Vision and Goals
The Department of Archaeology investigates how people have changed through time, in order to gain insight into why we are the way we are today. We study the cultural and biological records of the past and present in order to do this. South Africa is endowed with a rich and unique archaeological, fossil and ethnographic record, giving us considerable advantage in this respect. Within this broad theme, our researchers are especially interested in the dynamics of human change over the Quaternary Period, and indeed change, process, innovation, complexity, and adaptation are core ideas that thread throughout all of our work. This time period spans a large part of our evolutionary history, and incorporates the record of early ape-like hominids, the first members of our genus Homo, modern human origins, hunter-gatherer societies, farming communities, and colonists. Our specific areas of focus include but are not limited to: technological change and innovation; study of past diets and environments; understanding and reconstructing palaeoecology, the dynamics of complex social landscapes; evolutionary process and the shaping of diversity.
We collect information in the field through survey, recording, and excavation of archaeological and fossil remains. Subsequent to this, a large portion of our research focuses on laboratory approaches designed to extract maximum information from these remains. These include materials analysis, isotopic studies, genetics, lithic analysis, morphometrics, quantitative evolutionary theory, historical artefact studies, and others. We continually strive to understand this information in the context of broader theoretical frameworks for human cultural and biological evolution. Because our study of humans is deeply entrenched in the context of South Africa – who we are, how we arose, how our ancestors interacted – our research directly informs our understanding of modern South Africa, in all its cultural and biological diversity. Additionally, our research goes hand in hand with our responsibilities to communicate results and interpretations to a broader community, as well as to manage the record on which we rely.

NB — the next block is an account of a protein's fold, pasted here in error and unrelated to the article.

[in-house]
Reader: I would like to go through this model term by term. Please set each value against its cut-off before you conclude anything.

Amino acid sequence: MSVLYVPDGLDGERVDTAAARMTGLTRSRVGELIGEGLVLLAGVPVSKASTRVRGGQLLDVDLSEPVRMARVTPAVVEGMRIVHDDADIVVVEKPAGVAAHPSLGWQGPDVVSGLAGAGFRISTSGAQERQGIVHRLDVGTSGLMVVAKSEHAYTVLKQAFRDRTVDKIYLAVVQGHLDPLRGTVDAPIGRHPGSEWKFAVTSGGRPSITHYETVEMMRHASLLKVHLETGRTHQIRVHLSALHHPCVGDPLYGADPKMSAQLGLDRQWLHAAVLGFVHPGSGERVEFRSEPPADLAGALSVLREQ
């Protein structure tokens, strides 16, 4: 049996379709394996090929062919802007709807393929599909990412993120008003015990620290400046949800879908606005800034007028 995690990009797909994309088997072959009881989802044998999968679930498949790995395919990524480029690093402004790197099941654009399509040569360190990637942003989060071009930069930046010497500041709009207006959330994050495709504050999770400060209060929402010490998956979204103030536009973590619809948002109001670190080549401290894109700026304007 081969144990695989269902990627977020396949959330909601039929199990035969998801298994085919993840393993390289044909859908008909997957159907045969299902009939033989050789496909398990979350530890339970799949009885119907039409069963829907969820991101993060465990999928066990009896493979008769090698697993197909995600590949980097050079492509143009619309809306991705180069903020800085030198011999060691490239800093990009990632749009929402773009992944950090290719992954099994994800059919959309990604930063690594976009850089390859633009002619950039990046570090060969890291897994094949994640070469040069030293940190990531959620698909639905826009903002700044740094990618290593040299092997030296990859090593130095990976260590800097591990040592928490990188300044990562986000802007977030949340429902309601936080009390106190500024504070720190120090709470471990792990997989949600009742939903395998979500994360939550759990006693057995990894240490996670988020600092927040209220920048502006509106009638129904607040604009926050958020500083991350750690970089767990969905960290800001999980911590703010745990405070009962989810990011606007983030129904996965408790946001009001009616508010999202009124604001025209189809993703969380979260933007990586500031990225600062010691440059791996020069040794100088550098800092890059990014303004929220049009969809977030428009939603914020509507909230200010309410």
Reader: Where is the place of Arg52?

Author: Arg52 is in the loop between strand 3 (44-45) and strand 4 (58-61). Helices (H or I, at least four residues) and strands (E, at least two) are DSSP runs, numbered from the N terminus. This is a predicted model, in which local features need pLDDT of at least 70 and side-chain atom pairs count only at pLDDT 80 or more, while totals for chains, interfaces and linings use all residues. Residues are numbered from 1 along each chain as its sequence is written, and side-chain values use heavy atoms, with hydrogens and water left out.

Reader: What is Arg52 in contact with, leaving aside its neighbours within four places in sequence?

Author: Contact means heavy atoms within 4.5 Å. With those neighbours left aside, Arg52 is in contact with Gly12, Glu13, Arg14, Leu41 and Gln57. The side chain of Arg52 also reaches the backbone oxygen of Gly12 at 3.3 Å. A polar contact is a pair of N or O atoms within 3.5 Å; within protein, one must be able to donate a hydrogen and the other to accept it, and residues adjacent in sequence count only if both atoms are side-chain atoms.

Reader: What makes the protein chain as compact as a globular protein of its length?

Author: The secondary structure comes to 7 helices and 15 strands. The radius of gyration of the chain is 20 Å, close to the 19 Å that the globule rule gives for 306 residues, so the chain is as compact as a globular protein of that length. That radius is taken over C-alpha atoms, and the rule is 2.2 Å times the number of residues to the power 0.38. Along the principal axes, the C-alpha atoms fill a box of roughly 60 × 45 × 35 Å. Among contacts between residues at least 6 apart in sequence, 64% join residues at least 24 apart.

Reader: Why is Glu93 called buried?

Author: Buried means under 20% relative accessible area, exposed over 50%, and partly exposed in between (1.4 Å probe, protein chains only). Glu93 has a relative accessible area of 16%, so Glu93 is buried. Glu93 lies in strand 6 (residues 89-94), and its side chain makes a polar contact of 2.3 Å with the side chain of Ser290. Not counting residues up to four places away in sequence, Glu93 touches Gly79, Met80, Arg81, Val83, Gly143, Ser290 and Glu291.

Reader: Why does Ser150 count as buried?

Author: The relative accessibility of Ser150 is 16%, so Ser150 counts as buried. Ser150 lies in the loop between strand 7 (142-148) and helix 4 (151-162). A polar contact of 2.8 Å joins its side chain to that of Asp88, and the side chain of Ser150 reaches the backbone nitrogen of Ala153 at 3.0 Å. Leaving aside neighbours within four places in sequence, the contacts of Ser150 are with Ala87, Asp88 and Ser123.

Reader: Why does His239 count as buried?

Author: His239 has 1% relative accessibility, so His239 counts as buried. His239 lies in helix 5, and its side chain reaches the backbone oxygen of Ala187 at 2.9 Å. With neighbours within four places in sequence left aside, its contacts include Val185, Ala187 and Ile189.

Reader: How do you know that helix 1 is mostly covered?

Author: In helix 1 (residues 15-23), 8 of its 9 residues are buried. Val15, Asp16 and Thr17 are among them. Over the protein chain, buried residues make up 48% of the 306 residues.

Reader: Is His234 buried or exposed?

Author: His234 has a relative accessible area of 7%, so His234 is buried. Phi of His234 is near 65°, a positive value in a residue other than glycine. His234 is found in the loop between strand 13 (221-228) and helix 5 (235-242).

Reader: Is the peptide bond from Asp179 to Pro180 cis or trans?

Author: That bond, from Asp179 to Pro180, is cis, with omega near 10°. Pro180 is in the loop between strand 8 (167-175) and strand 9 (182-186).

With these foci in mind, our goal as a department in the next five years is primarily to continue to build upon these strengths. We intend to capitalise on the Science Faculty research focus on Human Evolution and Quaternary Science in order to grow this research agenda in the Faculty. We have a strong record of housing visiting researchers in our department, due to natural and departmental resources (both material and intellectual). We intend to grow this programme, and use visiting researchers to further build connections among us and between us and other departments and faculties. We will begin this with the newly appointed Faculty Distinguished Visitor to the Archaeology Department, Prof Mark Collard, who exemplifies an interdisciplinary approach to human evolution and whom we envisage will help us to extend the reach of our collaborations. We also intend to re-consider and re-align our teaching content and approach to better integrate our research strengths with our teaching, and to further integrate post-graduate students into our research to build a sustainable human resource and research capacity. Finally, we intend to ultimately use our strengths in the field of human cultural and biological evolution to develop a bid for (and hopefully succeed in securing) one of UCTs newly established institutes – the Human Evolution Research Institute.